The left, whether it be the green movement, the occupy movement, or the mainstay democratic party and trade union activists need to coordinate a clear rallying cry around those issues most critical tothe 99 percentand be ready in Mr. Bittman’s words “to garner enough political will and power to pressure the president and Congress to move resolutely on the issues that matter.”

This coalition will certainly include the environmental movement, the Occupy movement, the foreclosed homeowners movement, the indebted students movement, the food and health movement, or the unemployment movement, and I am sure there are others that I have missed.

Somehow, the plethora of movements worries me. Once you get individual leaders and proud movements there is inevitable competition for the microphone and the ear of the media. There needs to be a clear channel recognized by the President and government as a respected pulse of the people.

As Mr. Bittman says: “It doesn’t matter what you call the movements, or the people behind them. What matters is forcing the government to act in the interests of the sometimes-silent majority rather than its corporate paymasters.”

He also points to a recent Pew poll that found just about half of all young people now have a more positive view of “socialism” (whatever that is) than “capitalism” (we know what that is), as do nearly a third of all Americans.

How do we take this momentum and turn it into clear, measurable changes in policy? Mark Bittman lays out a course that I will present on Wednesday.

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Alon Shalev is the author of The Accidental Activist and A Gardener’s Tale. He is the Executive Director of the San Francisco Hillel Foundation, a non-profit that provides spiritual and social justice opportunities to Jewish students in the Bay Area. More on Alon Shalev at http://www.alonshalev.com/ and on Twitter (@alonshalevsf).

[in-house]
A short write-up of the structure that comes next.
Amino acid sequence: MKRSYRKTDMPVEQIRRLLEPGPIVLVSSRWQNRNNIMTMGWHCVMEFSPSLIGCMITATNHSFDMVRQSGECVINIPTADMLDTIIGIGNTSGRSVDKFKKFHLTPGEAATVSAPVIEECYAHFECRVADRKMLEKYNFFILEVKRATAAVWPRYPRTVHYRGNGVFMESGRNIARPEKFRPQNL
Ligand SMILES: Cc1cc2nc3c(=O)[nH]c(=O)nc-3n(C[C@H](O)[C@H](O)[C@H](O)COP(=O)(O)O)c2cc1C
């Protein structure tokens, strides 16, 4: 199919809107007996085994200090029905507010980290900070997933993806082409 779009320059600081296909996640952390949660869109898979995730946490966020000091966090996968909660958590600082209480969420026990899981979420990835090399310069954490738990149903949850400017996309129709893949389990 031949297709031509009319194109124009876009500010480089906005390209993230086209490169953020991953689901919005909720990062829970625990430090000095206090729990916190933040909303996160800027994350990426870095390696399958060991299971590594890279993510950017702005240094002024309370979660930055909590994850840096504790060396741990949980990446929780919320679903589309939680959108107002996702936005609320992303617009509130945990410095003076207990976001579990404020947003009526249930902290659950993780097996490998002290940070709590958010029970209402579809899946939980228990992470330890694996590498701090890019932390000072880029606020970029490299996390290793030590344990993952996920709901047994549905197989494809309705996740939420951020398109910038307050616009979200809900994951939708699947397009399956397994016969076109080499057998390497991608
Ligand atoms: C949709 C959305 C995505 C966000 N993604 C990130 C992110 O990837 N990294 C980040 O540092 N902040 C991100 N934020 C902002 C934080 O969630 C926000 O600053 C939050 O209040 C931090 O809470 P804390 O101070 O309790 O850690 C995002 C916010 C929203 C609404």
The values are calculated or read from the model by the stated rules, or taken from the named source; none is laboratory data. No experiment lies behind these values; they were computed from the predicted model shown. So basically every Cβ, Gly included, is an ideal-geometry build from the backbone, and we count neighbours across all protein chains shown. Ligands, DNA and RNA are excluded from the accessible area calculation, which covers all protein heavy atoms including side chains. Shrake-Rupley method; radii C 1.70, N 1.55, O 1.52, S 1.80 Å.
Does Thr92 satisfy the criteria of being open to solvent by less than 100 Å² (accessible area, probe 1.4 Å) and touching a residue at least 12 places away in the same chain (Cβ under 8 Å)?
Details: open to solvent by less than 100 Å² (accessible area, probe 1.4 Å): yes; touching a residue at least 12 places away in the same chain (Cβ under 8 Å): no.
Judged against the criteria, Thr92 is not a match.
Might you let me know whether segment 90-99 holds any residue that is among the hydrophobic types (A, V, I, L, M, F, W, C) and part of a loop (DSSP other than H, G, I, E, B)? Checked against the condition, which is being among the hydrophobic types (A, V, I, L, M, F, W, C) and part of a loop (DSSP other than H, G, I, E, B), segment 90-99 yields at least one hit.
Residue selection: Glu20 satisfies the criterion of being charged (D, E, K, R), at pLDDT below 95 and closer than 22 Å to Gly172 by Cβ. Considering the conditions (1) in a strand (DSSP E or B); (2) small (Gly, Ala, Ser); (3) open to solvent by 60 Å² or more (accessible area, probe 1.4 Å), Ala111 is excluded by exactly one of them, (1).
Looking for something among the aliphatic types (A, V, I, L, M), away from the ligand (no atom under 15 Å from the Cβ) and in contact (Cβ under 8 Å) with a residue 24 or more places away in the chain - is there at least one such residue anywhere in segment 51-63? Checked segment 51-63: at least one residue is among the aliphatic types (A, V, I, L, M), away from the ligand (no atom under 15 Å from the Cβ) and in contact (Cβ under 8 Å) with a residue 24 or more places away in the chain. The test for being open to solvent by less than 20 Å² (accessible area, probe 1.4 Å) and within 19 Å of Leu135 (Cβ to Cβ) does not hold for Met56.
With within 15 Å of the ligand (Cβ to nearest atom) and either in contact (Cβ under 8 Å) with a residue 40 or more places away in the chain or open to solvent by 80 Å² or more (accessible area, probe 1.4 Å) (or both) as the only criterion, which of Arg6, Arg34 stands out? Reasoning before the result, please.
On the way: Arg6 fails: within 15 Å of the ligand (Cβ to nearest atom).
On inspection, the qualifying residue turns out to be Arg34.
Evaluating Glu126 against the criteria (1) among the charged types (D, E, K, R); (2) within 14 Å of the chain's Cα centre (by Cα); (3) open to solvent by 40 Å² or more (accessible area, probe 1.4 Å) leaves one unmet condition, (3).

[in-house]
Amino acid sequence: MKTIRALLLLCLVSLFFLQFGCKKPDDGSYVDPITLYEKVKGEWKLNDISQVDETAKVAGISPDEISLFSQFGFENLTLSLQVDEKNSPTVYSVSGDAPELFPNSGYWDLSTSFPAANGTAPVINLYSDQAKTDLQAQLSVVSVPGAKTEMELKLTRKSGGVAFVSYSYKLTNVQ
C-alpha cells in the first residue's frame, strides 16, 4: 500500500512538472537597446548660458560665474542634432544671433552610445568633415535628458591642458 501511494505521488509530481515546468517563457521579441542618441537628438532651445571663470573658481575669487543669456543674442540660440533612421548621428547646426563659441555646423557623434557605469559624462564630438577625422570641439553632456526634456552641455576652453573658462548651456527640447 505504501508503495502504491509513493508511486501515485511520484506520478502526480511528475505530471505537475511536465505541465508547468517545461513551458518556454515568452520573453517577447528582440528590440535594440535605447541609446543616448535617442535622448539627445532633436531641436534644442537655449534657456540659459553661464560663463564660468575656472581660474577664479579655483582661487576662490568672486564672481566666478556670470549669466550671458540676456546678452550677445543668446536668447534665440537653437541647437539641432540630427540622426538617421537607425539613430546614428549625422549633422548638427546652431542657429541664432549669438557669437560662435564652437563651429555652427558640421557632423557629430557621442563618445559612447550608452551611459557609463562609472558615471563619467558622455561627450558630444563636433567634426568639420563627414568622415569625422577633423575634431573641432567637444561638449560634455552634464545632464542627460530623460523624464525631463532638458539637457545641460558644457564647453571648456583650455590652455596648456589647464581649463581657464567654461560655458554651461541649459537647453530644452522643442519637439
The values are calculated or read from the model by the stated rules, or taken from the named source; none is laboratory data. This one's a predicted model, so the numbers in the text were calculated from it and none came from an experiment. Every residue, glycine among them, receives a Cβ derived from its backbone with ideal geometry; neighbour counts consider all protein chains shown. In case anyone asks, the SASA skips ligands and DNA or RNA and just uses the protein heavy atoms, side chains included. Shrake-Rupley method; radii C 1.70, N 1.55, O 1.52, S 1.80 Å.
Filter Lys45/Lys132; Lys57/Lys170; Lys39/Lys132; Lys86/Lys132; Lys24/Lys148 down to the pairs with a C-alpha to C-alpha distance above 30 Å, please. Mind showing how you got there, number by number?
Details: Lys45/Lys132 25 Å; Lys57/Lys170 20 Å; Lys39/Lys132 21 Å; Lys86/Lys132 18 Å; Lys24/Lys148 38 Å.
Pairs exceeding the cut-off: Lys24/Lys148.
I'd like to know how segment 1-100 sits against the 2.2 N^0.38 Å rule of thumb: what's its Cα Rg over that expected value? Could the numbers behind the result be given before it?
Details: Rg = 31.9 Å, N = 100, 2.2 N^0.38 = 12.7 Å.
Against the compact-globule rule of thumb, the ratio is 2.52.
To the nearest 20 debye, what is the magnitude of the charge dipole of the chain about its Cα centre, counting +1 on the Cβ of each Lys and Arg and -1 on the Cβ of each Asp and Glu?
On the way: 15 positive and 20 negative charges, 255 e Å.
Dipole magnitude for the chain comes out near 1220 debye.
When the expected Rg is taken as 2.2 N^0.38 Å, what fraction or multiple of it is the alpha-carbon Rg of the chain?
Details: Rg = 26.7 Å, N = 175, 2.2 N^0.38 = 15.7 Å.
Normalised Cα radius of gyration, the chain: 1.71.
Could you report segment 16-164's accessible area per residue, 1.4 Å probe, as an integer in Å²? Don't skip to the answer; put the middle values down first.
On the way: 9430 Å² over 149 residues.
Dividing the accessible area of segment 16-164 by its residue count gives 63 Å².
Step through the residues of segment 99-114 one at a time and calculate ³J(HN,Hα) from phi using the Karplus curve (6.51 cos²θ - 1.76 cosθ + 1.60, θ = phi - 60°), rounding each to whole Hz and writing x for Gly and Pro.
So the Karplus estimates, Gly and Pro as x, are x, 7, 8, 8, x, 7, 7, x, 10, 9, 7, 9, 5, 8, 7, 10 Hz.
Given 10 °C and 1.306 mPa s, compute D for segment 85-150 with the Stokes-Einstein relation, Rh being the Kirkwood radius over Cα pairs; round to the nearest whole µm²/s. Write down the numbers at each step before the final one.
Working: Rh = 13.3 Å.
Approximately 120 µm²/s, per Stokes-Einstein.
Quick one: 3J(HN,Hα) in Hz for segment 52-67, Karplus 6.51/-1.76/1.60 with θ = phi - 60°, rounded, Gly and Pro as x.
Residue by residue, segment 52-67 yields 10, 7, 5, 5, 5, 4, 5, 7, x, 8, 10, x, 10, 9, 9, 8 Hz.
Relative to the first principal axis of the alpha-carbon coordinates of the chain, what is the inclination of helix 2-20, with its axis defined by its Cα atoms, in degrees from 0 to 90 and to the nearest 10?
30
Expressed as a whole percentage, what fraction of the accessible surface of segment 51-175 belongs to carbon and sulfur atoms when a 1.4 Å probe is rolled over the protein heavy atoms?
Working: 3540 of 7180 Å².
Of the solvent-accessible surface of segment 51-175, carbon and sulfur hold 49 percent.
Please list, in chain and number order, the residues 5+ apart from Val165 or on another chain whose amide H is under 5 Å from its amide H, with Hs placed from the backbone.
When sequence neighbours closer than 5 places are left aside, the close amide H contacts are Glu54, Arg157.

Cultural Death by Capitalism

Unbridled capitalism has turned the abundance of choice into a lack of variety.  When Henry Ford held the monopoly on ‘horseless buggies’ and as he adopted the assembly line in its infancy, he was quoted famously as saying that “Any customer can have any car painted any colour they want, as long as that colour is black!”  Thus began the way of life we know today.

Despite this beginning of mass production taking shape, we were still a country of independence and unique subcultures.  When I was a kid, my family would drive across the country to Wisconsin and back to California in our black Ford Galaxy 500.  To my parents, three younger sisters and me, every gas station, food joint and motel was unique.  Each state was different from the next.  Soda pops were regional, as were toppings on national classics like burgers and hot dogs.  Service stations reflected their locations with souvenirs, such as the Jackalope – native to Wyoming.  We knew when we crossed a state line simply by looking around us.